ePoster
Abstract Title | Anaesthetist attitudes towards introduction of checklists for emergency procedures

Authors

  1. S N Phillips 1
  2. V Ferrier 1
  3. M Kigozi 2
  4. W Birts 1
  5. R George 1
  6. F Peer 2

Theme

8JJ Patient safety

INSTITUTION

St George's Hospital
1. Anaesthetic Trainee
2. Consultant Anaesthetist

Background

In 2009 the WHO surgical safety checklist was introduced1. This is now standard practice with evidence showing it improves team communication and patient outcomes2

In 2011, the Royal College of Anaesthetists and the Difficult Airway Society produced the 4th Royal College of Anaesthetists National Audit Project (NAP 4)3, looking at major complications of airway management in the United Kingdom. This demonstrated that at least one in four major airway events reported was from the Intensive Care Unit (ICU) or the emergency department(ED). Furthermore, the outcome of these events was more likely to lead to permanent harm or death than the same event occurring in the theatre environment.

One of the recommendations of the audit was that checklists and debriefing should be introduced into the emergency situation.

 

Summary of Work

We had previously carried out a retrospective audit of 65 patients who required intubation, outside of theatres. We looked at documentation and the use of checklists. We concluded that documentation was poor and there was no evidence of checklists or debriefs being used.

After this audit, a checklist was introduced to aid the multi‚Äźdisciplinary team performing rapid sequence intubation (RSI) in the emergency department (ED). We then designed a survey to monitor staff members ’attitudes toward the checklist. The aim of this project was to identify and understand barriers to the implementation of visual aids.

Conclusion

 

Our survey demonstrated cognitive dissonance on the part of our anaesthetists. Whilst as a group they subscribed to use of the WHO checklist, they did not translate the learning from this to other situations. 

There is need for ongoing promotion and training in the use of the checklist. We demonstrated barriers to the introduction of a checklist and have identified ways to improve this.  In general, attitudes towards the use of a checklist are positive. In the future, training will be carried out using the checklist to improve mental modelling and team cohesion.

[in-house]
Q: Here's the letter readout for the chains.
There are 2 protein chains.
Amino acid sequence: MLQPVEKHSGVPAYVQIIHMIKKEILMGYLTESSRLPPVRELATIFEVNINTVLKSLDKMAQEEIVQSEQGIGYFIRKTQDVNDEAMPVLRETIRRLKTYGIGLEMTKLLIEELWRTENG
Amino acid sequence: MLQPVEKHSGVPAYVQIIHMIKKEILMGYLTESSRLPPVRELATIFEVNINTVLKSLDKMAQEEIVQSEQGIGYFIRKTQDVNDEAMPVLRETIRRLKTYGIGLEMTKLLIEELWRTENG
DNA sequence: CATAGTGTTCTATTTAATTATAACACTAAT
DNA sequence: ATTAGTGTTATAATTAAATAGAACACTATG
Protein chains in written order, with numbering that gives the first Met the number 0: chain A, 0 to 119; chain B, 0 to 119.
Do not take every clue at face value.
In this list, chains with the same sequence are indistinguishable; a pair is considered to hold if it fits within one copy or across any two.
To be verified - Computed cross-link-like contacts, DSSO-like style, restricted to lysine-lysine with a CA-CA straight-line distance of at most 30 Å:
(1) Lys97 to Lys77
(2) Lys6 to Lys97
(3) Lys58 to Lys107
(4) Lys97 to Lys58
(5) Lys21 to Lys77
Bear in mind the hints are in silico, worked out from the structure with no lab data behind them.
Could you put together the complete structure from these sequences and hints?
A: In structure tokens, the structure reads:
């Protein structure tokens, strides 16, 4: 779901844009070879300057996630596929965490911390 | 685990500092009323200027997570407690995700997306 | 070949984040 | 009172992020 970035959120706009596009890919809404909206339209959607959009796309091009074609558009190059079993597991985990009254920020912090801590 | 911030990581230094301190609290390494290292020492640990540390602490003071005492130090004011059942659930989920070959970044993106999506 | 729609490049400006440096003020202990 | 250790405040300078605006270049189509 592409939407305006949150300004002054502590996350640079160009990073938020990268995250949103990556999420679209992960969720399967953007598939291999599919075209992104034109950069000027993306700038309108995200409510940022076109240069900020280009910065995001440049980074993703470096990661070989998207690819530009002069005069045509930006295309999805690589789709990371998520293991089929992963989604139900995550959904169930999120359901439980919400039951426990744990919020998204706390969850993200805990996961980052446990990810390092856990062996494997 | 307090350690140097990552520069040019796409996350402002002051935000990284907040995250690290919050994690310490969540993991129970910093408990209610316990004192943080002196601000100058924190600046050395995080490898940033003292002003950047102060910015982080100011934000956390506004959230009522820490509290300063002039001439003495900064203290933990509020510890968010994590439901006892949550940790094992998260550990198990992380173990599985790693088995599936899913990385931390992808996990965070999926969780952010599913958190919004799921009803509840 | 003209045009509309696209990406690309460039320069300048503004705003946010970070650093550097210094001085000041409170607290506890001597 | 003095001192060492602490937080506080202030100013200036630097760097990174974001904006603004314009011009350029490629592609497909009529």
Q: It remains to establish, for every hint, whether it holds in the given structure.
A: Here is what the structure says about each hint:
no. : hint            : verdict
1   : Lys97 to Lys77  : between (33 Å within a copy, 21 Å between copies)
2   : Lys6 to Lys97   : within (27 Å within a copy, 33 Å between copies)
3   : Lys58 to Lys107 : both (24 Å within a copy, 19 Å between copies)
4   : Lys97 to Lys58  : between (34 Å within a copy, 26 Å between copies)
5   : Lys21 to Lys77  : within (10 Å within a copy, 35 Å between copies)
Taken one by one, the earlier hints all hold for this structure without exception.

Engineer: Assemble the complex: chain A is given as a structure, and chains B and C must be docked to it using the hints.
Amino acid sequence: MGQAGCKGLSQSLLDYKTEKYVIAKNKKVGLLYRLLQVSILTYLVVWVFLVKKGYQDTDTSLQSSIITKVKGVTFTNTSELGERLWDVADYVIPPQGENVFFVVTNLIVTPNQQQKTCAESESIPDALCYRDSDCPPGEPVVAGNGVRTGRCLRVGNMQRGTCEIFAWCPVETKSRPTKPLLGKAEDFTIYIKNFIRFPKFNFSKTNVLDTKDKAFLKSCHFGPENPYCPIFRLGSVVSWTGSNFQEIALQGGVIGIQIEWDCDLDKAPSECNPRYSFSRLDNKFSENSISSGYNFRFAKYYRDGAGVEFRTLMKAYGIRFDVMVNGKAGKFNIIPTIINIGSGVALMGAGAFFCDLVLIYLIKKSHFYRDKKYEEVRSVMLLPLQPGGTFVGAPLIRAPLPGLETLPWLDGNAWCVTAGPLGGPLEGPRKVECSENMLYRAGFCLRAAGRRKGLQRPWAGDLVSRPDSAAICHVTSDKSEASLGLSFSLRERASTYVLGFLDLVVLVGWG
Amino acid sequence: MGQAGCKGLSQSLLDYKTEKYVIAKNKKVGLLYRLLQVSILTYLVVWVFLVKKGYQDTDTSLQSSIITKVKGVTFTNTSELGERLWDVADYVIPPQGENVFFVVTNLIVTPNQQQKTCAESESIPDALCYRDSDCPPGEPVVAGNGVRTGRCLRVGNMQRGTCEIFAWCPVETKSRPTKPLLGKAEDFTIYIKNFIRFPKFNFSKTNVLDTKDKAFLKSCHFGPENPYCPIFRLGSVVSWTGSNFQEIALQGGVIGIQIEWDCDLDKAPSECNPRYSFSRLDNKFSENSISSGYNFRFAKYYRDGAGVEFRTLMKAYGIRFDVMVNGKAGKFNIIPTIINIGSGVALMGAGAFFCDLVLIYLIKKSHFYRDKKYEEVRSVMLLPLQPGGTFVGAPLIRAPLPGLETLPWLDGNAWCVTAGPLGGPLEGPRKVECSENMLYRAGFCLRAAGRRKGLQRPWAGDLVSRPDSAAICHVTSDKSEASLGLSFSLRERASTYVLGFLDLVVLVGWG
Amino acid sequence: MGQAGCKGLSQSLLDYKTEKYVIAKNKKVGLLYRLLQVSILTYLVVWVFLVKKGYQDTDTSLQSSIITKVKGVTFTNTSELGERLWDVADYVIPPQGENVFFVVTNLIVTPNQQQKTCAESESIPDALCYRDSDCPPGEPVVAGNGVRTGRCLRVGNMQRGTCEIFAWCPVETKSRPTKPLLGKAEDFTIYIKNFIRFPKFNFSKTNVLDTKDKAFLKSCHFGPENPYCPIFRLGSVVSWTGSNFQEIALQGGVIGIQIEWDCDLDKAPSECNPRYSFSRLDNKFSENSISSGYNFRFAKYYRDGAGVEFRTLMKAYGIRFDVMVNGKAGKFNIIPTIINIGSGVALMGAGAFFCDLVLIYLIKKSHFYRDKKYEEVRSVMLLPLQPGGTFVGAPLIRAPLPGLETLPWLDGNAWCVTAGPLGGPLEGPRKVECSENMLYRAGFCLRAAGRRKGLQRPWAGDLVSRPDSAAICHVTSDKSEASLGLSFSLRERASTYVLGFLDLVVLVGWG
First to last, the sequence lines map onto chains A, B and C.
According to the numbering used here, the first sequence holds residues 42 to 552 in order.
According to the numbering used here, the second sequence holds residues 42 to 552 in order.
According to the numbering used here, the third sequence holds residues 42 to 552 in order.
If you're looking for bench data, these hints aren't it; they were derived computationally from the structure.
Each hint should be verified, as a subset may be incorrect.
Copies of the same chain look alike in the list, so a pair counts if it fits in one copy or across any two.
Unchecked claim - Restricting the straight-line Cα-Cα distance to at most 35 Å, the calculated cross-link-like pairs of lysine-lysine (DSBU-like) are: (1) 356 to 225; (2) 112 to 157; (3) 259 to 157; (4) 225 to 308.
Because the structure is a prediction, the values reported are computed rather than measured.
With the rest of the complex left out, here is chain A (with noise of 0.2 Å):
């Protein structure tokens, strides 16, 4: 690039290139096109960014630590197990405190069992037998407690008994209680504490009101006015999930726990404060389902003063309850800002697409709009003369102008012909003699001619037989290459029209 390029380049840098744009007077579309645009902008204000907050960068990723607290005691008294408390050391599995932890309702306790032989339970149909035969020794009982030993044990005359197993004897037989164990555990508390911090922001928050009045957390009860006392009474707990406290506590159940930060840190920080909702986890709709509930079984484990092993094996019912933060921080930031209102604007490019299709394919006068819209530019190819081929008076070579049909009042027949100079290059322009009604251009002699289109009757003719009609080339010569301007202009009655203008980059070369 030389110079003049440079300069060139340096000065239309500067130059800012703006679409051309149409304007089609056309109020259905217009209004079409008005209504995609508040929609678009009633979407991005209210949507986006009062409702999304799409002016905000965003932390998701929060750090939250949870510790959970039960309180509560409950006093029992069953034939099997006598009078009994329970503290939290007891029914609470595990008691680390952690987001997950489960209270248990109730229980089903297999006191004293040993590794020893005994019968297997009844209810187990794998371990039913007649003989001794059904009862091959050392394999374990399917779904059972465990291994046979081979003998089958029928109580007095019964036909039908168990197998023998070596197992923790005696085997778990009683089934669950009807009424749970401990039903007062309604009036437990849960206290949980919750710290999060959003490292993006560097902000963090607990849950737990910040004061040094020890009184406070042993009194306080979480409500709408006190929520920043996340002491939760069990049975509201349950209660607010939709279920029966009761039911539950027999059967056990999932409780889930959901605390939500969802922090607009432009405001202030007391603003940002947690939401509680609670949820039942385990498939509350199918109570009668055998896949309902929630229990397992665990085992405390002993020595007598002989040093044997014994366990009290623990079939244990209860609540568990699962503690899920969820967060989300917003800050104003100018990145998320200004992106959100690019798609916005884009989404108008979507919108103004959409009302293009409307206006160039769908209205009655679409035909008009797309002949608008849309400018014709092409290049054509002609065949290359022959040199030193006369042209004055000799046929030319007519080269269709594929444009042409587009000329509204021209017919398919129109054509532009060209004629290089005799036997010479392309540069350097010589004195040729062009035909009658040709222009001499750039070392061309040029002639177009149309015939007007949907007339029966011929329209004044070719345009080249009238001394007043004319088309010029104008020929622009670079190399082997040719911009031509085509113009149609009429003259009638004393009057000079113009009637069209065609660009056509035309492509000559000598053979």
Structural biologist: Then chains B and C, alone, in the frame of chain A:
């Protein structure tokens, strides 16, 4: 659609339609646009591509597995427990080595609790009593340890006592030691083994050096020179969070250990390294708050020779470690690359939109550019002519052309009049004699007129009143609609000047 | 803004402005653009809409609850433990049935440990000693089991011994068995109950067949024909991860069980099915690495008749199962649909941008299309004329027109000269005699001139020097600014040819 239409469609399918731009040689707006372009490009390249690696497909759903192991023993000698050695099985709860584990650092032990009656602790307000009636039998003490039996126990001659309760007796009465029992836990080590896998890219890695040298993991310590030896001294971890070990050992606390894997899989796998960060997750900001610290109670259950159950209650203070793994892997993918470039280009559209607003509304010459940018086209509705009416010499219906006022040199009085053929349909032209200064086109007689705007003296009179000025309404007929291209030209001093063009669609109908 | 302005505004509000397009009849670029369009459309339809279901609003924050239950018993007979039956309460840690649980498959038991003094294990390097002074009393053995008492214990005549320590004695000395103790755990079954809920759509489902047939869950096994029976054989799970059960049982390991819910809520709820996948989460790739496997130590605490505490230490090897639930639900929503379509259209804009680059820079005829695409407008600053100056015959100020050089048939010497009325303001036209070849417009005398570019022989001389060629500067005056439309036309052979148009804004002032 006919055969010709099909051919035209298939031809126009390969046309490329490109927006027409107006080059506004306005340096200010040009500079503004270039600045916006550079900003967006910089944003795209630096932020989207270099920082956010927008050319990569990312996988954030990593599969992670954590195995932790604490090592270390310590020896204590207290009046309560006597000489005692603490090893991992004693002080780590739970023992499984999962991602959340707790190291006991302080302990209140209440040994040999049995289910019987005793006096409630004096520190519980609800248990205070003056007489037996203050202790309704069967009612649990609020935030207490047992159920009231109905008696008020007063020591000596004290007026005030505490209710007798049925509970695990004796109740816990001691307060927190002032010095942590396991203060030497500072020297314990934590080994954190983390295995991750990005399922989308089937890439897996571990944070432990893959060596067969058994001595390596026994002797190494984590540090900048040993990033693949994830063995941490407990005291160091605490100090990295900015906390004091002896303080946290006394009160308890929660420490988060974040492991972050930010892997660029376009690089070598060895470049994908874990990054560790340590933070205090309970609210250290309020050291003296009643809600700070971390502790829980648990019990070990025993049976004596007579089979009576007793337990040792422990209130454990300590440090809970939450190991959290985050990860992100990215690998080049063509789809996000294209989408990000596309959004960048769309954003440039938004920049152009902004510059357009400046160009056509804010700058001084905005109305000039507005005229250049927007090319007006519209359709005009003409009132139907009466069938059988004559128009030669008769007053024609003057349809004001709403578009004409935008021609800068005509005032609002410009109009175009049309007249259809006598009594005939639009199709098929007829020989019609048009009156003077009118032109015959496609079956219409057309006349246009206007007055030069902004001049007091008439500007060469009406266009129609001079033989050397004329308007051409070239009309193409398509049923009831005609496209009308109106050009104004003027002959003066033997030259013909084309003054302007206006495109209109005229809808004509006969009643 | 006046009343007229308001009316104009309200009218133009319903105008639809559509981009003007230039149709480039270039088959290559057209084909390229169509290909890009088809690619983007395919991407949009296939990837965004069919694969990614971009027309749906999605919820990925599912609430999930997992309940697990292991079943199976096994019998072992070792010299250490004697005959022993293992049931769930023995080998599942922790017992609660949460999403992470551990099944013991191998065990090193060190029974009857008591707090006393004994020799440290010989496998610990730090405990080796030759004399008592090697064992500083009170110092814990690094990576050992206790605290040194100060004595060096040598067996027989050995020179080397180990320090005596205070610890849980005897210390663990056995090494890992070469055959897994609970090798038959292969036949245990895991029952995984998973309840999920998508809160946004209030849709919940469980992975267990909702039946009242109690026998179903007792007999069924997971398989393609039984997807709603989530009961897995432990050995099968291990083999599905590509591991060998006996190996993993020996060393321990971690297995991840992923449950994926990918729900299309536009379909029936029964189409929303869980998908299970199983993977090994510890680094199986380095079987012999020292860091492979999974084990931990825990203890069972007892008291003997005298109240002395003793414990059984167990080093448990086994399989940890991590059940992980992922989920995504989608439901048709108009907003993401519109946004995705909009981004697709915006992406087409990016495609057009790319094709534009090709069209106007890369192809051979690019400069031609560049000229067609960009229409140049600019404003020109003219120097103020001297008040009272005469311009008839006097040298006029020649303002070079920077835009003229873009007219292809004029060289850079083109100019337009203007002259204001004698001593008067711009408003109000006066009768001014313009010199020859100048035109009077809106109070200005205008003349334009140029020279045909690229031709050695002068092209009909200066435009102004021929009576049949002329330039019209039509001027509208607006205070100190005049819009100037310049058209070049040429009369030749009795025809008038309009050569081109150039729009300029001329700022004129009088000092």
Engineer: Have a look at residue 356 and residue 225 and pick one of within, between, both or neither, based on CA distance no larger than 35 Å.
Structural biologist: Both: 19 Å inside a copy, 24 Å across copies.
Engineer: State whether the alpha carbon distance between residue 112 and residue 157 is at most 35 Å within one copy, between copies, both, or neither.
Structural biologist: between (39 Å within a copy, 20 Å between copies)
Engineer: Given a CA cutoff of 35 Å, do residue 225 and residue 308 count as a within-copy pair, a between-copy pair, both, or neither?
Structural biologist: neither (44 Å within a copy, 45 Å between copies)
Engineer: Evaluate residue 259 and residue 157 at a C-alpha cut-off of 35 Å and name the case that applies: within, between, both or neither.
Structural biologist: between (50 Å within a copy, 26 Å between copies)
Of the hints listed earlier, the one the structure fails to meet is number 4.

Multi-disciplinary team training is now being carried out using the checklist and shadow board to try and improve mental modelling and team cohesion.

 

References

1. A surgical safety checklist to reduce morbidity and mortality in a global population. Hayes et al. NEJM. 2009 306 491-499.

2.Do checklists improve teamwork and communication in the OR? A systematic review. Russ et al. Ann Surg. Dec 258(6)856-71.

3. www.rcoa.ac.uk/system/files/CSQ-NAP4-Full.pdf

Summary of Results

We sent electronic and paper copys of our survey to all consultant and trainee anaesthetists, emergency medicine (EM) doctors and ODP's. We had 52 responses (5 ODP's, 1 EM doctors and 46 anaesthetists).

71% were aware of the new checklist and 42% used it routinely in the ED.

85% of respondents like the concept of a checklist.

20% of people had seen the checklist prevent a near miss.

 

We asked: if you don't use the checklist routinely, why not?

We asked: What would improve your use of the checklist?

We asked people to rank the following statements from 1-5, with 1 being strongly disagree and 5 being strongly agree.  The average score is shown on the chart below.

Comments about the checklist.

"Ensures everyone is aware of plans for the RSI, staff are less likely to panic if a problem dose arise, members of the emergency departmement (not just left to the ODP and anaesthetist) are aware and can assist with cricoid/ drugs" 

"Stops me forgetting something essential in the times when you might be stressed/ rushed"

"Easy to use, good reminder"

"Can not always get all team members to engage with checklist. Resistance from ODP's who see it as a challenge to their professional practice"

"Used them before I think it improves safety and allows you to function at a higher level. not having to remember equipment frees your mind to concentrate on the medicine"

Background
Summary of Work
Conclusion
References
Summary of Results

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